Mike Ellis Illustrates Tiny Rooms in a Tiny House

Mike Ellis - Room For Rent

This is a great little project from Canadian illustrator Mike Ellis. Entitled Room For Rent, the work was part of an experimental installation show in Toronto and consists of a large three-dimensional miniature house filled with illustrated bedrooms. The house allows viewers to peer inside and scoop out the rooms. According to Mike, the piece uses multicolored LEDs which make the illustrations “come to life” – exposing things that may not be seen under normal circumstances.

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June 2, 2014 / By

INSA Turns His Street Art Into Mesmerizing GIFs

INSA Turns His Street Art Into Mesmerizing GIFs

UK artist and designer INSA has taken street art to another level. He’s taken the idea of photography, street art, and GIF making and combined them all, creating what I’d say is a rather labor intensive new form of art. As the artist states himself, he’s making “cutting edge art for the Tumblr generation.”

You can see more of these pieces over on designboom.

May 15, 2014 / By

‘My Famicase Exhibition’ Turns Video Games into Art for its Tenth Year


It’s that time of year when Tokyo based game culture shop METEOR hosts their annual My Famiscase Exhibition, an art show unlike any other, featuring custom Nintendo Entertainment System cartridge designs. Entrants not only design original artwork, but also the creative concept behind the imagined video game. This year’s show marks the exhibitions 10th year and features talent from across the globe. It’s an interesting mishmash of video game culture and design with a unique twist on the traditional gallery experience.

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May 14, 2014 / By

Fragmented Narratives in the Dream-like Paintings of Amy Bennett

Amy Bennet

I was talking with a friend the other day about miniature sets and dioramas and it reminded of how great the work of artist Amy Bennett is. Bennett has an unusual method of working which involves building small 3D models which she then translates to canvas, thus creating beautiful narrative paintings in the process. It may seem a little unorthodox approach at first but it’s a process which I feel really brings a whole new dimension to both the dramatic and the emotional power of her work. I think these paintings are incredible.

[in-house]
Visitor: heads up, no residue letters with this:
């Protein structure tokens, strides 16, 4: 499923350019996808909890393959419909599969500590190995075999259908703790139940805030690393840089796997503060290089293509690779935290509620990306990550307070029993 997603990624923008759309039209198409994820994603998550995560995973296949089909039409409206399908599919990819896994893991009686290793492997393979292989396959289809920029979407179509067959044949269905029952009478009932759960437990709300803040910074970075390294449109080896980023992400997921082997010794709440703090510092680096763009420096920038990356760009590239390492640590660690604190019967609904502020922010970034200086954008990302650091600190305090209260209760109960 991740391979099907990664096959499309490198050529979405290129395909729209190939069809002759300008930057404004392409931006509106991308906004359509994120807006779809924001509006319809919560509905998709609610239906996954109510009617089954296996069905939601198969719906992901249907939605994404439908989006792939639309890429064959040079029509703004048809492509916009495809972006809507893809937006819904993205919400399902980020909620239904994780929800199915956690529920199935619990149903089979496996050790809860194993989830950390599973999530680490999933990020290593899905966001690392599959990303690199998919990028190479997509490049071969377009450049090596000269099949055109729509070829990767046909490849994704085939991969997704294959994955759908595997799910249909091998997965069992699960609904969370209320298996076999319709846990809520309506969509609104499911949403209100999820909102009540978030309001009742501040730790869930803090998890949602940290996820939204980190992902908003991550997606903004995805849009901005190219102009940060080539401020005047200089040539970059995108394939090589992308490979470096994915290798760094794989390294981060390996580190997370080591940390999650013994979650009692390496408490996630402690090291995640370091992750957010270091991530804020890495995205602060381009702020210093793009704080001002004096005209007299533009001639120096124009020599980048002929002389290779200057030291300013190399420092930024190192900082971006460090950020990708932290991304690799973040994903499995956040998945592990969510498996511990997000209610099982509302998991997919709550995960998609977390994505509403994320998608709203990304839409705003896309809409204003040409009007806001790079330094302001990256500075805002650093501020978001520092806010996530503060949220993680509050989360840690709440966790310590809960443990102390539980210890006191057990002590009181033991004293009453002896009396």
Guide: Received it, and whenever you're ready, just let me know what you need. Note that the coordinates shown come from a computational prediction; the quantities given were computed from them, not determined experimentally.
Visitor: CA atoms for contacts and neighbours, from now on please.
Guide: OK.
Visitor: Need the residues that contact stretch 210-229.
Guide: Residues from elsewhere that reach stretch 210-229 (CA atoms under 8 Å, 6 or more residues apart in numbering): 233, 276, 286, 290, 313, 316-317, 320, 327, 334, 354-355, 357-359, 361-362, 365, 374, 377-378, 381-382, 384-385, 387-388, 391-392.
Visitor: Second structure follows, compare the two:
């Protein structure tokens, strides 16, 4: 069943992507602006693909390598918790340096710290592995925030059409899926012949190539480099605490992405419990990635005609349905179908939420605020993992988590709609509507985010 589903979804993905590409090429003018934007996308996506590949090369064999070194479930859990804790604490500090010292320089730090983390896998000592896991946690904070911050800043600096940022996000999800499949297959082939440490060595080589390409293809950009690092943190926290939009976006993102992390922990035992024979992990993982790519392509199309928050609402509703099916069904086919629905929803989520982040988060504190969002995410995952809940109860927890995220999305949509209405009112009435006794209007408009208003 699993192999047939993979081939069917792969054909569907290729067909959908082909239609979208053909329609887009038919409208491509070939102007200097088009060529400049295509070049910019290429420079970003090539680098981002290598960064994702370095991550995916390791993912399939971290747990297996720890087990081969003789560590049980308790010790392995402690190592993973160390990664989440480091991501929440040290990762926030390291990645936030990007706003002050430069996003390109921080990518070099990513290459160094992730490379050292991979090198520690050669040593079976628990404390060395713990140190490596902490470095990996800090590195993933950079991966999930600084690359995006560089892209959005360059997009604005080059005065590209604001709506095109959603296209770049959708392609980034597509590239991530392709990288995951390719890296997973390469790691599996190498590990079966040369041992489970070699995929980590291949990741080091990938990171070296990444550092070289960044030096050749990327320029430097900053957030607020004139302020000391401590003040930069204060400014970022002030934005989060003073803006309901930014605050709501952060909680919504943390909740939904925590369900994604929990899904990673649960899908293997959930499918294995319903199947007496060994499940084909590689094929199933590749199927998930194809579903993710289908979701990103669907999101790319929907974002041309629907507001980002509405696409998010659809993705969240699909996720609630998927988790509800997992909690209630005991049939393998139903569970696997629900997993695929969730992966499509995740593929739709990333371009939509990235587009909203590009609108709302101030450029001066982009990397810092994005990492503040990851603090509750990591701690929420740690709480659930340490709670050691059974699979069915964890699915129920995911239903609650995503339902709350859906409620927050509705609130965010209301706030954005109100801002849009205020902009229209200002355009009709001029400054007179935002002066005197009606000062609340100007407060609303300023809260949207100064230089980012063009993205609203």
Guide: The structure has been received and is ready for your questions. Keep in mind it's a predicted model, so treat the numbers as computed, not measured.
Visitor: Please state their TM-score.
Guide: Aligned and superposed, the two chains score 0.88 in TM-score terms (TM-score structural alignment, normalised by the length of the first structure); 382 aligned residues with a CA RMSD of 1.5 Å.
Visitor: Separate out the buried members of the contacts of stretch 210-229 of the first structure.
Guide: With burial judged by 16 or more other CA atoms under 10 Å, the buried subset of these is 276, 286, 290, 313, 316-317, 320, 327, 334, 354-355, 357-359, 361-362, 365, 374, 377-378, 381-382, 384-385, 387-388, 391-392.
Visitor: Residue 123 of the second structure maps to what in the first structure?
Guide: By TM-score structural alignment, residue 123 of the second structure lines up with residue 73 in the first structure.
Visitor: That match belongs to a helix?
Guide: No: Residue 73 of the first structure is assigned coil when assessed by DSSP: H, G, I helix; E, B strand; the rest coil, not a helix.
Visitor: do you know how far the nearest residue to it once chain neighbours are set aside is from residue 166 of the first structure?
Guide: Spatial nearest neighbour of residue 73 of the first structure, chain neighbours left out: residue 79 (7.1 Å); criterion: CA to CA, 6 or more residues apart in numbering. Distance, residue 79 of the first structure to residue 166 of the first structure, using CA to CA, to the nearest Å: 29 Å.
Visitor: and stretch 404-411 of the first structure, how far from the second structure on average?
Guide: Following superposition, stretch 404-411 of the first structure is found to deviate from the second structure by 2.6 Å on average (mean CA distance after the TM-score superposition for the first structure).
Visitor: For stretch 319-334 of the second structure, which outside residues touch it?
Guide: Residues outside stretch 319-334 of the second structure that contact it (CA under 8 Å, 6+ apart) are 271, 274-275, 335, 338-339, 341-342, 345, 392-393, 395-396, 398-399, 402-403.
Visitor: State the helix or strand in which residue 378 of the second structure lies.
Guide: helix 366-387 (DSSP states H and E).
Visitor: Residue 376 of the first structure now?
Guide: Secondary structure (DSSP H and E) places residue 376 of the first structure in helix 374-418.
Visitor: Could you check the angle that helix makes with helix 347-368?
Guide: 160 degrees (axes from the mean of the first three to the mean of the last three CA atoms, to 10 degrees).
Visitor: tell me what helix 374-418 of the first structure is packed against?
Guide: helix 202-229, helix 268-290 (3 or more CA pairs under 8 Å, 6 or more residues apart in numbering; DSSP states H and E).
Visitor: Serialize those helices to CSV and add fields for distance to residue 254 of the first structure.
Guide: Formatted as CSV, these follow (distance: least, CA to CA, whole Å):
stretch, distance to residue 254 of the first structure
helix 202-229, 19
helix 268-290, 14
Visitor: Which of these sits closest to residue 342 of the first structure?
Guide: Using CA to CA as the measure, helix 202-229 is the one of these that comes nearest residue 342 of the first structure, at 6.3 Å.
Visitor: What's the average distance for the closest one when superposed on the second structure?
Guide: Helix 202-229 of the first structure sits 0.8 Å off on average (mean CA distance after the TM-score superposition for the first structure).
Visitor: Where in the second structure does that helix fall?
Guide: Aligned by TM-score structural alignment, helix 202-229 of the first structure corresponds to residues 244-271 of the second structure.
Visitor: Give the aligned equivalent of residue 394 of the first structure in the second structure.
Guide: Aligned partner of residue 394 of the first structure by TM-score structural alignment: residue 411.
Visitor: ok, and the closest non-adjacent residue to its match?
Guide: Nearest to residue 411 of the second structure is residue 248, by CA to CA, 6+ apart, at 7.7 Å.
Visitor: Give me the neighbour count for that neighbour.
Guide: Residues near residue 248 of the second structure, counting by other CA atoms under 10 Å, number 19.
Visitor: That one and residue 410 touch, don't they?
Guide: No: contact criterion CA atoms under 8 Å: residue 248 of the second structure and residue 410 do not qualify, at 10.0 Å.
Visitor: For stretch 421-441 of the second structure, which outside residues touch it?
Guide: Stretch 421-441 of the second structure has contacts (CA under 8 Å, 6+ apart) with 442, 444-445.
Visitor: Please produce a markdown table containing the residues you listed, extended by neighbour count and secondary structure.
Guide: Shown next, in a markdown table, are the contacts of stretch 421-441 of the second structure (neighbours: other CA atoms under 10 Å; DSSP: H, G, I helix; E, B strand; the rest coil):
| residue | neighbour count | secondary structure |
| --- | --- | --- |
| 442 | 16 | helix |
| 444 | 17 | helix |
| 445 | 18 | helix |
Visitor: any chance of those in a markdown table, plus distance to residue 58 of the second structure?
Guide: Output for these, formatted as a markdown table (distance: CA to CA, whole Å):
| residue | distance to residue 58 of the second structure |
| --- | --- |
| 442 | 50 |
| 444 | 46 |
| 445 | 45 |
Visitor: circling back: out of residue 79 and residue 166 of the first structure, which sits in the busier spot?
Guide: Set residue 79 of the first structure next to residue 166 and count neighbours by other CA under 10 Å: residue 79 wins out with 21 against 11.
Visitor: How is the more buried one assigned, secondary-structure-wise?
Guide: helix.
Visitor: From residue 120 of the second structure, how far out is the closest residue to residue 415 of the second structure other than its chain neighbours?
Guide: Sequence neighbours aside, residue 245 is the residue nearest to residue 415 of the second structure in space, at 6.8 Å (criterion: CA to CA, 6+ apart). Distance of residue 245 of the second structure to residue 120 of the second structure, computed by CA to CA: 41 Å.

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May 6, 2014 / By

Humphrey Ocean’s Portraits of Everyday People

Humphrey Ocean

I recently discovered the work of Humphrey Ocean, an English artist who has been painting since the early 70’s. His first major solo exhibition was at London’s National Portrait Gallery in 1984 and he has since shown at the Tate Liverpool and the Whitechapel Gallery.

While perhaps best known for his iconic etching, Black Love Chair, which appeared on the cover of Paul McCartney’s Memory Almost Full in 2007, it is his recent collection of portraits which I want to share with you today.

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April 17, 2014 / By

Jacob Hashimoto’s ‘Gas Giant’ at MOCA

Jacob Hashimoto’s ’Gas Giant’ at MOCA

If you follow me on Instagram you may have seen the photo I took of the Jacob Hashimoto exhibit at MOCA entitled Gas Giant. It’s a massive installation taking full opportunity of the entire space, filling it to the brim with over 30,000 paper kites which took 25 days to install.

Influenced by ample sources that range from sacred architecture, post-war abstract painting, the Light and Space movement from the 1960s in Southern California, and the 1990s generation of Los Angeles painters, Hashimoto expands painting and collage strategies in an ongoing exploration of abstraction and landscape through color, repetition, association, and even simple marks and gestures that when combined together, result in the infinite layers of complexity that characterize his work.

You should definitely watch the video below which shows the installation of Gas Giant which must have been an extremely stressful, arduous process. You can also click here to read and see more about the installation.

April 14, 2014 / By

Kim Byungkwan’s Monsterized Versions of Hollywood Starlets

Kim Byungkwan Art 1

Kim Byungkwan is a South Korean artist who takes images of Hollywood stars, namely beloved and iconic starlets, and breaks their image with scribbles and smears of paint. He creates them with acrylic on paper, giving you what you need to “get” who the person is—and then he rips it apart. They remind of monsterized and zombified depictions of celebrities but done in a frightening and manic way—but they retail a fascinating beauty. They’re like caricatures made by a crazy person.

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April 11, 2014 / By